• Gabriela Dávila

Why are diamonds that expensive? Are they a good investment?

Until the 19th century, diamonds were exceedingly rare stones. However, this changed when a large deposit was discovered in South Africa in the city of Kimberley.

Initially, the De Beers Group, a trading company engaged in the mining, cutting, and trading of diamonds, had power over 90% of the global diamond industry during the 19th century. They were almost holding a monopoly. Then, after the deposit in Kimberly was discovered, it turned diamonds into one of the most popular mined gemstones, according to the International Gem Society.

To prevent the value of diamonds from declining, De Beers and other mining companies came together to release only smaller batches of diamonds. To achieve this, they released only exceedingly small quantities of diamonds to the market, just enough to satisfy the demand. As if that were not enough to make diamonds such an iconic and sought-after gem, the De Beers also started creating huge publicity for diamonds: “A diamond is forever” became the slogan of their company. Diamonds were also frequently portrayed for years on TV during the 40s and 50s. This started the famous tradition of the wedding ring with a diamond on it, associating "eternal love" with the diamond.

However, why are diamonds still expensive today? Is it because of the diamond raw material itself? The short answer is no. Although diamonds are known as the hardest stones, they discolour, chip, and some diamonds break. Moreover, although some might argue that the unaffordable prices have to do with the mining and processing involved, this is not the reason either.

The margin prices, or profit margins, of selling diamonds are outrageous. The Atlantic reported that the margin could be as high as between 100% and 200%, with brands like Tiffany & Co. selling diamonds at a marketed price of between 253% and 336% higher.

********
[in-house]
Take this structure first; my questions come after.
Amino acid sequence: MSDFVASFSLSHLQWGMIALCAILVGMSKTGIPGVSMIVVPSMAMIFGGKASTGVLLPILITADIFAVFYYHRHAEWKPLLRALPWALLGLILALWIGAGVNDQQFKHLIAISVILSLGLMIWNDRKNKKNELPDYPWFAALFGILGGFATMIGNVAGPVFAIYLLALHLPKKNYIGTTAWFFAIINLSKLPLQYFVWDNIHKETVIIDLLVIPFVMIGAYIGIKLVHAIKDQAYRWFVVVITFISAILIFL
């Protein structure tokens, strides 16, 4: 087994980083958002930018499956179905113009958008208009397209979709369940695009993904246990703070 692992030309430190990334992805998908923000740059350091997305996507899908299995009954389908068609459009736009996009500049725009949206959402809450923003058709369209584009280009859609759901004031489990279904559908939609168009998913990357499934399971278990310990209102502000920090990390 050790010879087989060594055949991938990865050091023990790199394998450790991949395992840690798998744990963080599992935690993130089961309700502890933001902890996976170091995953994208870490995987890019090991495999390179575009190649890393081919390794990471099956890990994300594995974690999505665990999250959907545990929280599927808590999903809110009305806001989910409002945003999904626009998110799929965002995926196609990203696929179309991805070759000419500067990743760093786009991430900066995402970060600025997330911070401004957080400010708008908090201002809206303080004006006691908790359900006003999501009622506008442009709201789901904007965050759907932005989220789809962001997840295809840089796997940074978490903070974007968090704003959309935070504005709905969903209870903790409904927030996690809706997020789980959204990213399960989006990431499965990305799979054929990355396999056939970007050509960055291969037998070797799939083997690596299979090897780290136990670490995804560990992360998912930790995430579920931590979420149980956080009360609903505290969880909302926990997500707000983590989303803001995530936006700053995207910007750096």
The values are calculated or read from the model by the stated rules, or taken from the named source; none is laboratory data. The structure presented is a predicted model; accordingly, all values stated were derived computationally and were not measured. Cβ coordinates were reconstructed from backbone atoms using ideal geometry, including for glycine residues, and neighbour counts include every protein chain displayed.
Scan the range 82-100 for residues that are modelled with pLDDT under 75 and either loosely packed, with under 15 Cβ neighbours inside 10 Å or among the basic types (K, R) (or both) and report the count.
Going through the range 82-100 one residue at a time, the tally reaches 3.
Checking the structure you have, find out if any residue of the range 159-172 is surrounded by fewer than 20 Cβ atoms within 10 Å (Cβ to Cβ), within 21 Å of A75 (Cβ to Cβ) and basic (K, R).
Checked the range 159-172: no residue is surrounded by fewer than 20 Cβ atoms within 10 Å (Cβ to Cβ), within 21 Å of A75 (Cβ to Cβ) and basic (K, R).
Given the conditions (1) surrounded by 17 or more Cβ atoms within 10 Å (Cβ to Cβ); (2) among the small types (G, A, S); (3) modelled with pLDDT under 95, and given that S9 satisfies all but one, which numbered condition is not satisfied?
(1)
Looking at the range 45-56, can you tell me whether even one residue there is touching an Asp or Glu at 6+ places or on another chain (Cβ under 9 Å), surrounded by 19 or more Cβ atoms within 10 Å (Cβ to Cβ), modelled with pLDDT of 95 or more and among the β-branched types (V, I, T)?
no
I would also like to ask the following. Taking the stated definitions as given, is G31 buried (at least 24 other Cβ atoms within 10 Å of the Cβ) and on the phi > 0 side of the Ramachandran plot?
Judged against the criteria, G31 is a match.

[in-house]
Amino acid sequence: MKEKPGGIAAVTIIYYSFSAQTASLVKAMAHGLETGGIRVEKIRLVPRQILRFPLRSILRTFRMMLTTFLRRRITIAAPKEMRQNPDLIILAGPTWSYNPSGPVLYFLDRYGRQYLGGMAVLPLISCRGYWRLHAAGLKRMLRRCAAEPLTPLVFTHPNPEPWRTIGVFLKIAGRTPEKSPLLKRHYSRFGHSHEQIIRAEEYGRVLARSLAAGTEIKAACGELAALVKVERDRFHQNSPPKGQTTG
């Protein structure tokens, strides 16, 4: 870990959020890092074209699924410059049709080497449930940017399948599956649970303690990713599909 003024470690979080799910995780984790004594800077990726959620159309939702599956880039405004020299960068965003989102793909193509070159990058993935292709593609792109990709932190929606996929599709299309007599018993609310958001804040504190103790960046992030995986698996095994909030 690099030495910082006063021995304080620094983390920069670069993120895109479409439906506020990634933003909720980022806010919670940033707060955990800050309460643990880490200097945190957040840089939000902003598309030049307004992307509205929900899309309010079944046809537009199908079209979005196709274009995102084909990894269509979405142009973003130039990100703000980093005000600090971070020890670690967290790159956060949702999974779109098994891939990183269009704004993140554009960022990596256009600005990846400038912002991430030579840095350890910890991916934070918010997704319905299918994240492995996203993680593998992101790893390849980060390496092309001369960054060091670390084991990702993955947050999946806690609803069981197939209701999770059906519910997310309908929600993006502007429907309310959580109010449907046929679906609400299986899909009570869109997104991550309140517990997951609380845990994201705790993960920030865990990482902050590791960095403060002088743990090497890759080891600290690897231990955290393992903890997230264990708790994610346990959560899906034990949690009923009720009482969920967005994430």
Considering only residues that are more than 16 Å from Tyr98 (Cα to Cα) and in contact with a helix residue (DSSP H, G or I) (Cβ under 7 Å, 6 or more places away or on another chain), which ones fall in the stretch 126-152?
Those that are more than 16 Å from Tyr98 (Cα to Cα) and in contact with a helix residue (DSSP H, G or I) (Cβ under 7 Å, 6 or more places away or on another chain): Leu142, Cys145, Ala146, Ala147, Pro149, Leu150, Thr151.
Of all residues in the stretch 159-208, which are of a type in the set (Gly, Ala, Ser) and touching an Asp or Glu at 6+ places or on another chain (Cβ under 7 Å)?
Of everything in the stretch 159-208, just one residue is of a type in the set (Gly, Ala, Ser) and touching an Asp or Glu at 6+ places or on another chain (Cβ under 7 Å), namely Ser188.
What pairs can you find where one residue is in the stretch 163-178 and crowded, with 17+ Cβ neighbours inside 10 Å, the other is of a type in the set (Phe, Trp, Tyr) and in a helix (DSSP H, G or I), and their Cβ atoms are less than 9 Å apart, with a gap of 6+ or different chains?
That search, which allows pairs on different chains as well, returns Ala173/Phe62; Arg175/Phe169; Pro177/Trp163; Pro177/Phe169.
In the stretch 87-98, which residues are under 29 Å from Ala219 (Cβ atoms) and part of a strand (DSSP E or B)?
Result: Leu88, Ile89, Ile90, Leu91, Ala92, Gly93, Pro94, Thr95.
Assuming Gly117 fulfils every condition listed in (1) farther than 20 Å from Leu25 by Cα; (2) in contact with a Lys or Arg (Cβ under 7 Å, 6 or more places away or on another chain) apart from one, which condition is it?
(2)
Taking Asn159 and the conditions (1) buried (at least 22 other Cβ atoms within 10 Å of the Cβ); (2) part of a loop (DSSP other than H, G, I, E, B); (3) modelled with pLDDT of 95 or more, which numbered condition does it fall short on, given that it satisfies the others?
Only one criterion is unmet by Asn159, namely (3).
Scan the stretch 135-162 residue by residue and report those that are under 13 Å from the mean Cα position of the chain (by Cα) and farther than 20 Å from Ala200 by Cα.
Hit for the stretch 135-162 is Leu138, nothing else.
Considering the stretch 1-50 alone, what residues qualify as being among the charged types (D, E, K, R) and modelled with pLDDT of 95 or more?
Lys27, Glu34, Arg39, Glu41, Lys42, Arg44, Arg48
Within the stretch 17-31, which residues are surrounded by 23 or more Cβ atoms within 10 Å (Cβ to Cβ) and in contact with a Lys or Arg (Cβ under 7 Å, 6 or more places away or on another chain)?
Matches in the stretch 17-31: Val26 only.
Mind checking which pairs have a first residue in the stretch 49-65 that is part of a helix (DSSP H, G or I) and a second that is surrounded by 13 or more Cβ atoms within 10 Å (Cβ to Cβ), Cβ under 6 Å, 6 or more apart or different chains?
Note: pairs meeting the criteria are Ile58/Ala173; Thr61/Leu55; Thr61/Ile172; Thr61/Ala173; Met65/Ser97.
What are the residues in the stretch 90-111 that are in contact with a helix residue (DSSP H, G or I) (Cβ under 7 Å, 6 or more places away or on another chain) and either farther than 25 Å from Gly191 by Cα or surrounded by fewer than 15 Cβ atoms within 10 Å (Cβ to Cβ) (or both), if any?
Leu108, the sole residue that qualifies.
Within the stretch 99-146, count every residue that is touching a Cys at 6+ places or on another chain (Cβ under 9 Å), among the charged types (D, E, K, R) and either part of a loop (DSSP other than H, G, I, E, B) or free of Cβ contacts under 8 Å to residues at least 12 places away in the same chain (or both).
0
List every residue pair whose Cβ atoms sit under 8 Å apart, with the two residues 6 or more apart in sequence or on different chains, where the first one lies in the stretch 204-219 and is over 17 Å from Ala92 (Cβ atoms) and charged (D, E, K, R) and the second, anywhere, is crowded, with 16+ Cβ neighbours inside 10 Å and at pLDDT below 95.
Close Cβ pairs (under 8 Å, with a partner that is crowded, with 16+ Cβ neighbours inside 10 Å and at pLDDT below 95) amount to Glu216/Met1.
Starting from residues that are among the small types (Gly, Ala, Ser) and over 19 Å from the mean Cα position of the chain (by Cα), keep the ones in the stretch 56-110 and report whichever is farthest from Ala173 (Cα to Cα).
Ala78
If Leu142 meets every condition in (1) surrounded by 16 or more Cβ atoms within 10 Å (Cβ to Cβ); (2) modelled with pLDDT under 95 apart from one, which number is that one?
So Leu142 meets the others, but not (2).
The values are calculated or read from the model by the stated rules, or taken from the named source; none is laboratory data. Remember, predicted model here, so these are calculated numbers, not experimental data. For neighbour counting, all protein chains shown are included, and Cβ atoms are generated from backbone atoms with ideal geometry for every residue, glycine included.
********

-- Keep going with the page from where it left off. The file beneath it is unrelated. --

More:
In Sierra Leone, small groups of miners work to extract fluvial deposits in delimited areas near a river. There, they excavate the gravel, transport it, and wash and sift it. The price that miners receive for the merchandise that intermediaries buy from them is exceptionally low, compared to what it reaches in international markets. In the end, between traders and intermediaries, the wealth generated by these stones never stays in the communities in which they are produced, which remain mired in poverty and neglect. But still, most artisanal mining is conducted informally. These conditions benefit many of the people at the highest echelons of the diamond supply chain.

And here you have the last reason not to buy a diamond: it is not a sound investment! When you buy a diamond, the price immediately depreciates 50% of its value at that time. On average, a person can only get 20% to 40% of what they originally paid for the stone. The reason for this drop in value is the way the diamond industry is organized so that sellers can offer them to you at a high price, but they buy them at their real value when you want to resell them back, so, next time, think twice when you buy a diamond.